Types of participants: Children with ASD
Outcome measures: social skills
Study design: Multiple Baseline, pre-post-follow up design, experimental-control group design, and case studies design.

Data collection and analysis

Data extraction: The author extracted the data needed. He made a data form with the following information to be extracted: authors' names, year of publication, type of children, number of participants, gender, age, country, study design, and findings.

Search strategy

Electronic databases were searched. These mainly included: ERIC, Google Scholar, WoS, and PubMed, and Scopus indexed journals. Studies that include only children with ASD were included, with regard of different countries, and both sexes. Only studies published in English were eligible to be included.  These studies should depend on social Story intervention in addition to other intervention in individuals with ASD.

Study questions

  1. What are the demographic characteristics of children with ASD who participated in the reviewed studies?
  2. What experimental designs were used? And How effective SS technique was?


I relied on research questions in order to describe results of the review, as shown in tables 1-2.

1. What are the demographic characteristics of children with ASD who participated in the reviewed studies?

First of all, the participants were all children with ASD. They were of both sexes (males and females). All were of young age (> 10 years old). They were from different countries, and hence from different cultures (See table 1).

Table 1.
Demographic characteristics of children with ASD

Demographic characteristics of children with ASD

2. What experimental designs were used? And How effective SS technique was?

A shown in table 2., most research studies (four studies: 66.6%) used pre- post design. While two studies (33.3%) used multiple baseline design across subjects. Findings indicated the effectiveness of the social stories intervention employed in improving the target skills and behaviours.

Table 2.
Experimental designs, Outcome measures and Findings.

Experimental designs, Outcome measures and Findings


SS help a child with autism to be ready to face life, help him understand, form an appropriate response to daily events, and be ready for the sensory requirements provided by these events. The teacher can write a story in which he describes events in details that help the child anticipate what will happen, the role that he can play, and control the course of daily life.

Crozier and Tincani (2007) identified nine criteria for writing a social story, the most important of which is that the social story should include information that is of interest to the child, as well as include an introduction that defines the topic and a conclusion that reinforces and summarizes the information, as well as that the story provides answers to the child's questions, and be written in the language of Positive, and the story includes different sentence patterns in addition to the title, and that the story fits the abilities and interests of the target child, as well as the story includes graphics that illustrate the meaning of the text .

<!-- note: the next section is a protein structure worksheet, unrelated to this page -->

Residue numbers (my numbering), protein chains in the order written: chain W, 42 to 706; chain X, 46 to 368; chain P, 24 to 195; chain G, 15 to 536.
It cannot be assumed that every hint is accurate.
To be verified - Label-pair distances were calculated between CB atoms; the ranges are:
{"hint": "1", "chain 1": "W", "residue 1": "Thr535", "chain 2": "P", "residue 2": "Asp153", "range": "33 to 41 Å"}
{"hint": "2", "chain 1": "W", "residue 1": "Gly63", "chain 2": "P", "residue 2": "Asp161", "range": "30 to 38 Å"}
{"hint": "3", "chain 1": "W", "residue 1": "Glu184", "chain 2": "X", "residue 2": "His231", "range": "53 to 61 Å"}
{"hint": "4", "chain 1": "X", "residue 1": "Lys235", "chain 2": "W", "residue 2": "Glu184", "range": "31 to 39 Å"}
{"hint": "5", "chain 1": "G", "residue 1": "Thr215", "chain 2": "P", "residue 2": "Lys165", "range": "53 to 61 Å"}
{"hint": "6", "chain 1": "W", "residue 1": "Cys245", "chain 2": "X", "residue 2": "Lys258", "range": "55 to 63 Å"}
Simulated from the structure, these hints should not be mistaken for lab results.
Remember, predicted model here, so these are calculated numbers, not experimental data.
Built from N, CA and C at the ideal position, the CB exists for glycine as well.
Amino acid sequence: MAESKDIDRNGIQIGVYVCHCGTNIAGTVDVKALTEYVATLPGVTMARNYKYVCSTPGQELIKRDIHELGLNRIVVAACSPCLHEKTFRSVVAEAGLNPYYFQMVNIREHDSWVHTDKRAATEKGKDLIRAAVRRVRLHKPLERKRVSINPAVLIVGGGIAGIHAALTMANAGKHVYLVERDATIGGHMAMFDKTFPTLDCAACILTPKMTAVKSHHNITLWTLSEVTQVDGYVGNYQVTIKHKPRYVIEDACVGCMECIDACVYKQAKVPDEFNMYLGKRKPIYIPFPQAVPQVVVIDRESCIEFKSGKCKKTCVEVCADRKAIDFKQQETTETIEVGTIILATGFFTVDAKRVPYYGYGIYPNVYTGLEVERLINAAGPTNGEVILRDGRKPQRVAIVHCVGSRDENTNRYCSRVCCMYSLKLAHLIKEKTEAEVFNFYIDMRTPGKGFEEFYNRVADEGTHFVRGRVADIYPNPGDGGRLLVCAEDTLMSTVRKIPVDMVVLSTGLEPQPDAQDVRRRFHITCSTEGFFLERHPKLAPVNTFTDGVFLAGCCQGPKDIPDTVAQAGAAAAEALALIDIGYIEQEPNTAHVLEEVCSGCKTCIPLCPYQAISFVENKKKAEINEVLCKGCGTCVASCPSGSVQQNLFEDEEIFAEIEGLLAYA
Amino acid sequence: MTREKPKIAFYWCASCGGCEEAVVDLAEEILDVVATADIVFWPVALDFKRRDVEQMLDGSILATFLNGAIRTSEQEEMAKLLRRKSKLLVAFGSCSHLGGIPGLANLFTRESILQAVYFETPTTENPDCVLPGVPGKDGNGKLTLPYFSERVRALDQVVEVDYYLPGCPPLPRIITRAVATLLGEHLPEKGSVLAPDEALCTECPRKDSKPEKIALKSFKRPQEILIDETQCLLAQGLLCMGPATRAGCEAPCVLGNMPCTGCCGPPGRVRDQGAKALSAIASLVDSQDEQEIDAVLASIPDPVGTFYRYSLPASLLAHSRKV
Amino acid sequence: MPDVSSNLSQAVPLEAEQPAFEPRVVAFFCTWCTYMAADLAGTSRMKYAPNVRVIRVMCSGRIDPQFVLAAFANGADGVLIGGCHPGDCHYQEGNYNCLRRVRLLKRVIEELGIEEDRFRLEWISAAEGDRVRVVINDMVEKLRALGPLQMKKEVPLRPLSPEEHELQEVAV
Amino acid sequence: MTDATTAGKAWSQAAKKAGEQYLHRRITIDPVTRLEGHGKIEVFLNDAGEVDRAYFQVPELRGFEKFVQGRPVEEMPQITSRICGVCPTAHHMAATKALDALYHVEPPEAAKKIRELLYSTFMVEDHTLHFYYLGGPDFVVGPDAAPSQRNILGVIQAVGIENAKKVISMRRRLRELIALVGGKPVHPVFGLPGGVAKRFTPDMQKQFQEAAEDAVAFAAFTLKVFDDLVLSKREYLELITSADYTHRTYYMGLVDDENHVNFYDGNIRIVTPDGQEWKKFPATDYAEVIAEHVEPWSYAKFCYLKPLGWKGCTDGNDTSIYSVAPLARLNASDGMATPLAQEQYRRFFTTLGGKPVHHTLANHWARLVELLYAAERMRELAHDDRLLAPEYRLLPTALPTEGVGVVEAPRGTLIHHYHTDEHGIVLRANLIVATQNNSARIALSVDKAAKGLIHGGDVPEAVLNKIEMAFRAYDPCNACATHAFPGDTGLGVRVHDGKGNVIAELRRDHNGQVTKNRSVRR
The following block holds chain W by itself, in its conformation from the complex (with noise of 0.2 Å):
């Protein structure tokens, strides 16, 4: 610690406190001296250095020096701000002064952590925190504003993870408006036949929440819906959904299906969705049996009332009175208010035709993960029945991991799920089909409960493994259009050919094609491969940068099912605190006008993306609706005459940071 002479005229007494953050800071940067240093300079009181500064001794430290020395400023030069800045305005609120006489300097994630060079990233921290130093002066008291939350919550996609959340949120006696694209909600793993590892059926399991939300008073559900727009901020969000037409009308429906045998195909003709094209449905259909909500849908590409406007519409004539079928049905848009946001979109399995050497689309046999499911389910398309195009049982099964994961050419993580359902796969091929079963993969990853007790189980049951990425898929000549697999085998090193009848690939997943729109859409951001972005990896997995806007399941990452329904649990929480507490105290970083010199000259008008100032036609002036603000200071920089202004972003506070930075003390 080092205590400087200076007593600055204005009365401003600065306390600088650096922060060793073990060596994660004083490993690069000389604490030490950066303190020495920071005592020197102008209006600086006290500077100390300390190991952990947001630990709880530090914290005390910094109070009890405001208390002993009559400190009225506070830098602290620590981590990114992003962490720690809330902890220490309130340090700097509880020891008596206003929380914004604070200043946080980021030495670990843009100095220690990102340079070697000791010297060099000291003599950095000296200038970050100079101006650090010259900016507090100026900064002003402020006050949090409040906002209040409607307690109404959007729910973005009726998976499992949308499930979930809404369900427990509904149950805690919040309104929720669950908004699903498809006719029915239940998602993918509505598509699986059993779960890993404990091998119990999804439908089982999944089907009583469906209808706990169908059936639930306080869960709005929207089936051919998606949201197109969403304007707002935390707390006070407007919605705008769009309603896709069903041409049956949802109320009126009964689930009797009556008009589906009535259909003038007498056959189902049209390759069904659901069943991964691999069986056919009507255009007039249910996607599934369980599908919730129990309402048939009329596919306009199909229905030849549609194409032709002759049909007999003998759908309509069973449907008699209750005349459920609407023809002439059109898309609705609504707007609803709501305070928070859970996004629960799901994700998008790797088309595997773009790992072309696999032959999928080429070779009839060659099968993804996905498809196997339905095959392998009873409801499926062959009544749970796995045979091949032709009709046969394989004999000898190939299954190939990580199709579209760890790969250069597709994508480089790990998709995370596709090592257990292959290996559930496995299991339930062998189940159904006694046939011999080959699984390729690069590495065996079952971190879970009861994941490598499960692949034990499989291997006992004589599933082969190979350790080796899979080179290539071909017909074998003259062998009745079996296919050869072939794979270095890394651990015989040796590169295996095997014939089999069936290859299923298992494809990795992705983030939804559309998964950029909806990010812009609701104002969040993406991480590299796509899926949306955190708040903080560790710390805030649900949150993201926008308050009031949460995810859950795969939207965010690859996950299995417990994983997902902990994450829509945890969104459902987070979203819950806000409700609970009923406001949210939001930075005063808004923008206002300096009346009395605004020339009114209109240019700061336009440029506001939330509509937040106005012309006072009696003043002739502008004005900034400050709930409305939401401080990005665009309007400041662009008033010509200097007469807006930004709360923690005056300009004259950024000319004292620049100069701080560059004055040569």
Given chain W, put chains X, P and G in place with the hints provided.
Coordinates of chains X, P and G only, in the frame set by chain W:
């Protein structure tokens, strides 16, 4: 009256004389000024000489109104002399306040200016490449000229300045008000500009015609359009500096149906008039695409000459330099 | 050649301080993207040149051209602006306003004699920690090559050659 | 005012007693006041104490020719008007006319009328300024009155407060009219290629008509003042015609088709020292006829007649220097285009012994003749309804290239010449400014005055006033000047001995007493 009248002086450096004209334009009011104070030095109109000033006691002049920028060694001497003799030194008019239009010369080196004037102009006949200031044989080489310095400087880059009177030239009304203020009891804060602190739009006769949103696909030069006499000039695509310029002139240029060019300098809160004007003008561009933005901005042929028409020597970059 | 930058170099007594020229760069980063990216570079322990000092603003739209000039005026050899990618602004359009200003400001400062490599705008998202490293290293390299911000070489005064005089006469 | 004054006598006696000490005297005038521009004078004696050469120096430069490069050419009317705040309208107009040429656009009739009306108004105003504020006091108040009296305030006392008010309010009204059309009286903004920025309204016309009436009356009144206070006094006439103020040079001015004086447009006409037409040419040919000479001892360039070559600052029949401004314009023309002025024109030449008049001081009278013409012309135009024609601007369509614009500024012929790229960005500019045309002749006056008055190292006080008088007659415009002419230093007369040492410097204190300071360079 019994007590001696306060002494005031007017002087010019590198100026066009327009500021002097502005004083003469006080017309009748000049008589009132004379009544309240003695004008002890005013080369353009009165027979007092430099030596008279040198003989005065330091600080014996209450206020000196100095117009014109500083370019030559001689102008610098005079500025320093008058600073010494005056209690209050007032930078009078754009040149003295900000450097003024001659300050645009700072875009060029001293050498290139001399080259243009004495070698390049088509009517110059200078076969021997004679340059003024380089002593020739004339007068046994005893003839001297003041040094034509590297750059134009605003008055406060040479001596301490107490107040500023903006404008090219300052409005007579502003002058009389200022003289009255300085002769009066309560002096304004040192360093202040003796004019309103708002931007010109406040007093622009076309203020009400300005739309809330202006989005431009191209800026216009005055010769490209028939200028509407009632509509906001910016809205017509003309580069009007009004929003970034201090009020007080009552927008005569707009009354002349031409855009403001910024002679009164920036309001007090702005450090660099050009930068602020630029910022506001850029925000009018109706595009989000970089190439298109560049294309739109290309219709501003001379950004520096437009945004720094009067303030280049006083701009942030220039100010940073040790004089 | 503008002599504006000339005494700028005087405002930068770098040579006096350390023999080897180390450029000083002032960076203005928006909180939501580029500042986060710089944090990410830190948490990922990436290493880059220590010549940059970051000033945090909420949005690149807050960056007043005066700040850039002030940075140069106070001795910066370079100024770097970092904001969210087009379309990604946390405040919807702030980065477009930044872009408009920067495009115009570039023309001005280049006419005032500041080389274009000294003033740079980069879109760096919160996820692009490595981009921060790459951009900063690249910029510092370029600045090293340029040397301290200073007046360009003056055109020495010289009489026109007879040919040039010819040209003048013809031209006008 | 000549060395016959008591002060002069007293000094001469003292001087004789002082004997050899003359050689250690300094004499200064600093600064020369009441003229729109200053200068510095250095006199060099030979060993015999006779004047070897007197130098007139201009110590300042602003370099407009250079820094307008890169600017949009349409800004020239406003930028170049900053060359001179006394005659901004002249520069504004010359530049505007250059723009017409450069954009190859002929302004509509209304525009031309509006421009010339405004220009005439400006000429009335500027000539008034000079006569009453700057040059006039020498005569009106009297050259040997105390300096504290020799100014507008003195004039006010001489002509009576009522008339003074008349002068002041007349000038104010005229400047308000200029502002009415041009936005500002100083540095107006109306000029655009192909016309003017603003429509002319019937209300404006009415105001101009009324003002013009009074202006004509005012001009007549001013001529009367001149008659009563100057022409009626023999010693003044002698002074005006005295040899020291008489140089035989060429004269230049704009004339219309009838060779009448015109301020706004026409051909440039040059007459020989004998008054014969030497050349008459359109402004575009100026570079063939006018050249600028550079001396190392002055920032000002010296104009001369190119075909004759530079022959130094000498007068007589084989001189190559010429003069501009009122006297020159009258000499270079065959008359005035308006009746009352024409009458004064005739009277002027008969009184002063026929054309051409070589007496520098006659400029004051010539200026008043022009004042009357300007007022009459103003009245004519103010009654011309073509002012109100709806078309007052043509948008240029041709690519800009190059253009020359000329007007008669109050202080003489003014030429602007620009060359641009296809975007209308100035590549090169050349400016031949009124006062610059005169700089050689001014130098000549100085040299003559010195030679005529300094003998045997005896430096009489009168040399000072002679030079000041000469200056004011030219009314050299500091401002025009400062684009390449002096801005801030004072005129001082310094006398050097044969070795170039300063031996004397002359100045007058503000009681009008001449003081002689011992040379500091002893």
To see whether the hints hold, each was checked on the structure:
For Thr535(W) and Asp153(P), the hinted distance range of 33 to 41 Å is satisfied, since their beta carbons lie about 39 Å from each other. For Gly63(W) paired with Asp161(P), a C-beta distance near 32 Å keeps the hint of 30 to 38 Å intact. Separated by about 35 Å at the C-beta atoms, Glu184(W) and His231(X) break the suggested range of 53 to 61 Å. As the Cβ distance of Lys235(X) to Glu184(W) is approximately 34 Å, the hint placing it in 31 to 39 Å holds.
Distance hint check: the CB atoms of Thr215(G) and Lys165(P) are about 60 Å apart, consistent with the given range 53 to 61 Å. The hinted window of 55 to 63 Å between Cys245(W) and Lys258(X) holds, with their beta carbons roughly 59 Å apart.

Gray (2015) added criteria, including that the main goal of social stories is not to modify behavior, but to provide a child with autism with real information in a meaningful and safe manner and to provide a deeper understanding of events and expectations.  A SS consists of a title and at least three sentences, and the social story has a clear structure and content and supports the child’s understanding of meanings, and the structure here refers to individuality, organization and clarity.

SS work to provide solutions to many of the problems facing a child with autism in his daily life by acquiring appropriate behavior and imitating it from the content of the story. Various behavioral patterns, including controlling different unpleasant emotions through listening and arousal, acquiring acceptable emotions such as pleasure, joy, emotional participation, and relieving tension and anxiety. It is also one of the most important goals agreed upon when giving the child the story is to understand the meaning of the story, develop his ability and form positive attitudes towards himself and others.

SS are a way to teach social skills to children with autism and those with autism-related disabilities, as they provide accurate information about social situations that he finds difficult and distracting. The goal of the story is to increase the child's understanding of the social situation through a simplified short story written from the child's perspective that provides him with certain information that helps him in his daily life .

The educational stories for children with autism and developmental disabilities are characterized by their reliance on visual learning through pictures, so that the pictures are sequenced in an organized and thoughtful manner, and communicate the main idea of ​​the child, with the impression of a mental image of the subject in his memory, and the SS includes a description of social situations and the exchange of conversations and natural community symbols that revolve around The social story can contribute to the development of attention and social communication in various areas and situations in daily life, and personal relationships. It also contributes to the definition of what is going on in each situation of conversations, compliments and cooperation, as well as in explaining the behavior of others.


The story is a method of torturing morals and behavior, through which it expresses aspects of life, and conveys ideas and experiences to others. Through the story, the child can learn what is in life of good and evil, and distinguish between ugly and beautiful, friend and enemy, right and wrong, contentment and greed, and miserliness. And generosity, so it possesses the mind of the child and controls his thoughts, and the story develops the ability to evoke feelings.